Asian American and Pacific Islander hate crimes must be addressed

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Lindsey Rodman

Opinion Editor Brianna Tang writes about the importance of acknowledging, being informed about, and advocating against racism towards Asian Americans.

By Brianna Tang, Algonquin Regional High School

When I think about the beginning of the Covid-19 pandemic, I think of the struggling Chinatown businesses and devastating hate crimes committed towards Asian American elders as a result of our country’s blatant sinophobia. It’s been a full year since then, and while I would like to think that the hate crimes have stopped by now, they have actually increased by 1,900%. 

The number 1,900% is shockingly high, but what’s worse is that this number is likely much lower than the true statistic. I was listening to a Clubhouse conversation last month with ABC7 San Francisco reporter Dion Lim, and she said that her team has been overwhelmed with reports to the point that they can’t even handle them all and have to choose the ones to report. Plus, many of the attacks that happen go unreported because it’s unclear where to report them or victims don’t want to report the incident because of cultural barriers.

If you enjoy the benefits of Asian culture such as food or entertainment, then you should be equally interested in the safety and well-being of Asian American people. ”

— Brianna Tang, Opinion Editor

While the attacks have been centralized in the Bay Area, there have also been many reported attacks in New York City, Texas and Pennsylvania. Last month, I saw that two Asian American elders were robbed in Quincy Massachusetts which unfortunately brought this issue closer to us.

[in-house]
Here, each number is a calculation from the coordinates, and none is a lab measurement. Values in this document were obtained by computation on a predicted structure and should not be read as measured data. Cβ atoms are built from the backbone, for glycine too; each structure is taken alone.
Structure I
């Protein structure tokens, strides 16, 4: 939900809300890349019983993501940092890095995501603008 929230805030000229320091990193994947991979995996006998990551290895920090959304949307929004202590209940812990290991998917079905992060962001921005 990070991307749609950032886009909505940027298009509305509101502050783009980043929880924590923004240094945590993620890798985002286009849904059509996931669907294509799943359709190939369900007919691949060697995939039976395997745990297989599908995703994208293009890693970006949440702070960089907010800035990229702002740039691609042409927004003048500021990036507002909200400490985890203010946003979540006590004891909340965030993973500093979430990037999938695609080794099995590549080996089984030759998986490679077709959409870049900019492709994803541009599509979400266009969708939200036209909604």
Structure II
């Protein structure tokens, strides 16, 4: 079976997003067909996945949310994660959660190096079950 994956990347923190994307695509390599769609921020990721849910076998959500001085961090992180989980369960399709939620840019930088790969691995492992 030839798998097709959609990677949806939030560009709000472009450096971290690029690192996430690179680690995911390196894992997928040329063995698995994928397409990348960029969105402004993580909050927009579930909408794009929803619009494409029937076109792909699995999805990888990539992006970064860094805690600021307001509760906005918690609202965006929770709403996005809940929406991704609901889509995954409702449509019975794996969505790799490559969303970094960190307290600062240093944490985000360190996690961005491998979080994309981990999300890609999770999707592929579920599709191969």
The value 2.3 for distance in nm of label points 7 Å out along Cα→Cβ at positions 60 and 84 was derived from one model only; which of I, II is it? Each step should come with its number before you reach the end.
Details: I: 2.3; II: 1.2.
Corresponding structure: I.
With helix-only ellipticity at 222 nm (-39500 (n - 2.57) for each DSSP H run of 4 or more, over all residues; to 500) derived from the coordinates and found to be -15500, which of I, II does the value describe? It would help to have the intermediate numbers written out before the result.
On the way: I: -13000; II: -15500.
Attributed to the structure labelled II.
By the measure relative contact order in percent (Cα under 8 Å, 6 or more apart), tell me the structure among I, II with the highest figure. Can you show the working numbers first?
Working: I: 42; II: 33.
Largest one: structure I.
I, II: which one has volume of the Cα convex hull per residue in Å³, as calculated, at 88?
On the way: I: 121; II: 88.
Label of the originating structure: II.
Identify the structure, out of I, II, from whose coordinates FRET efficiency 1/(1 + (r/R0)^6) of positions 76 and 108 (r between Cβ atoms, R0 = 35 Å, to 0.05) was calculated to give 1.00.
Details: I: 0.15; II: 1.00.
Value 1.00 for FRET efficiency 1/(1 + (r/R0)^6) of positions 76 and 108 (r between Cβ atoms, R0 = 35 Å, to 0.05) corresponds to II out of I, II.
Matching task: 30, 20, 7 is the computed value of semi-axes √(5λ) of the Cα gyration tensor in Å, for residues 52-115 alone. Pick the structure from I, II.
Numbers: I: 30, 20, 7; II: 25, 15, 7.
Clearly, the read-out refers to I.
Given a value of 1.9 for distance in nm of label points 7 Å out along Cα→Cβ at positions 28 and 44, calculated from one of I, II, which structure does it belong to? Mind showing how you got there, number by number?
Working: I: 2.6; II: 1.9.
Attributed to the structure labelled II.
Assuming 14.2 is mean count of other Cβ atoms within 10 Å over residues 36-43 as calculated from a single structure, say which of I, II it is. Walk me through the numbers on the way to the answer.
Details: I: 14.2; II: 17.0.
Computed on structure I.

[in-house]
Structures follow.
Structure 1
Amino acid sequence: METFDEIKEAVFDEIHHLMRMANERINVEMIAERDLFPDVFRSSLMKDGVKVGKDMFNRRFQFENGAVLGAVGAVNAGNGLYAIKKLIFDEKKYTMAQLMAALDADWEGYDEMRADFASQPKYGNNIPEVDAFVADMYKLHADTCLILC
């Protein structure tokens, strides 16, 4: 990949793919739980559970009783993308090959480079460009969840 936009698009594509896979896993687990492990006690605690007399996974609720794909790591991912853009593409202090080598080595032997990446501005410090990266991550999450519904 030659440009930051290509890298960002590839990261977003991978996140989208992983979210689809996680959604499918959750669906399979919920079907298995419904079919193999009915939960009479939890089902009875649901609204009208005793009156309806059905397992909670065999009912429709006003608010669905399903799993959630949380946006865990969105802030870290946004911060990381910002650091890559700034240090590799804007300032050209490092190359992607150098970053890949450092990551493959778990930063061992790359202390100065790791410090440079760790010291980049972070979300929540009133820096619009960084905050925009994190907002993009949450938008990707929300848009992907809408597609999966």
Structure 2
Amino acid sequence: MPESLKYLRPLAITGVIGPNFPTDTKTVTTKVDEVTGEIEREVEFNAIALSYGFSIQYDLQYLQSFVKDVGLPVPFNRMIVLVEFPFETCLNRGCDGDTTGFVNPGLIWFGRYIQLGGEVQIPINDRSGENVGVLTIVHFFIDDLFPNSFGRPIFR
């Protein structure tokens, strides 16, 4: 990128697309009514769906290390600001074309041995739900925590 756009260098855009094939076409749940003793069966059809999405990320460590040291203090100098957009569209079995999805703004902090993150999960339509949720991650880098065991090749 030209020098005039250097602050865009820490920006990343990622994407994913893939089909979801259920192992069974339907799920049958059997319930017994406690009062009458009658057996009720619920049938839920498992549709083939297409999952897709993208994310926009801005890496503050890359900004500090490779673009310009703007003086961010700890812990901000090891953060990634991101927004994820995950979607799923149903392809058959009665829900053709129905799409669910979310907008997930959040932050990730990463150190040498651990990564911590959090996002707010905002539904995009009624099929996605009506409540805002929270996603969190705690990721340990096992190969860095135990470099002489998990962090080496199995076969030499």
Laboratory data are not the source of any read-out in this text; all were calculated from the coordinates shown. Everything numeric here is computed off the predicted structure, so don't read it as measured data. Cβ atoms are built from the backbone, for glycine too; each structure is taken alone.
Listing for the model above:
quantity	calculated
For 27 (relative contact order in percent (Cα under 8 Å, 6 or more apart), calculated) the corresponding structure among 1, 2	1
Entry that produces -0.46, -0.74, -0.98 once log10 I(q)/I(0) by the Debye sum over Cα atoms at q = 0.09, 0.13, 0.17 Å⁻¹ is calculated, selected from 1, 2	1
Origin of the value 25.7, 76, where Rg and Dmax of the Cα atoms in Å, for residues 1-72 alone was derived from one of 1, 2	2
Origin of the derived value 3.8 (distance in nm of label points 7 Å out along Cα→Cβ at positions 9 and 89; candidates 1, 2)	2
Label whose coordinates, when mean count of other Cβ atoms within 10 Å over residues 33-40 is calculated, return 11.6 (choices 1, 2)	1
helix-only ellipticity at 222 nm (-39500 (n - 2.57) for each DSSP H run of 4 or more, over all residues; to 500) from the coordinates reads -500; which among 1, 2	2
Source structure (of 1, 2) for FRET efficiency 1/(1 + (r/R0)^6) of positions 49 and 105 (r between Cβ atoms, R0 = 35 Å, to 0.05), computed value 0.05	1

Each day that passes, I feel more hopeless about what we can do and if the hate crimes will ever stop. On Feb. 25, an Asian American man was stabbed in the back with a butcher knife in New York’s Chinatown, and that same day, an elderly Asian American women pizza shop owner in Pennsylvania was brutally beaten by thieves. On March 16, a series of mass shootings occurred at three spas and massage parlors in Atlanta resulting in eight people killed, six of which were Asian women. On March 20, a 19-year old Asian girl was shot in the face in San Francisco, and on March 26, an 84-year old Asian elder was brutally kicked out of his seated walker while waiting for the bus. 

Despite Asian massage parlors being targeted and six Asian women being killed in Atlanta, authorities refused to acknowledge that it was a racially motivated hate crime and instead said it was due to the suspect’s “sex addiction”.  I’m glad that media coverage and awareness have increased, but there needs to be more direct action and accountability when it comes to hate crimes, especially by law enforcement and politicians. For instance, the man who killed 84 year old Vicha Ratanapakdee in San Francisco back in January was recently described by a district attorney for having “some sort of temper tantrum” which makes absolutely no sense as an excuse for unprovokedly murdering another person, especially an elderly person.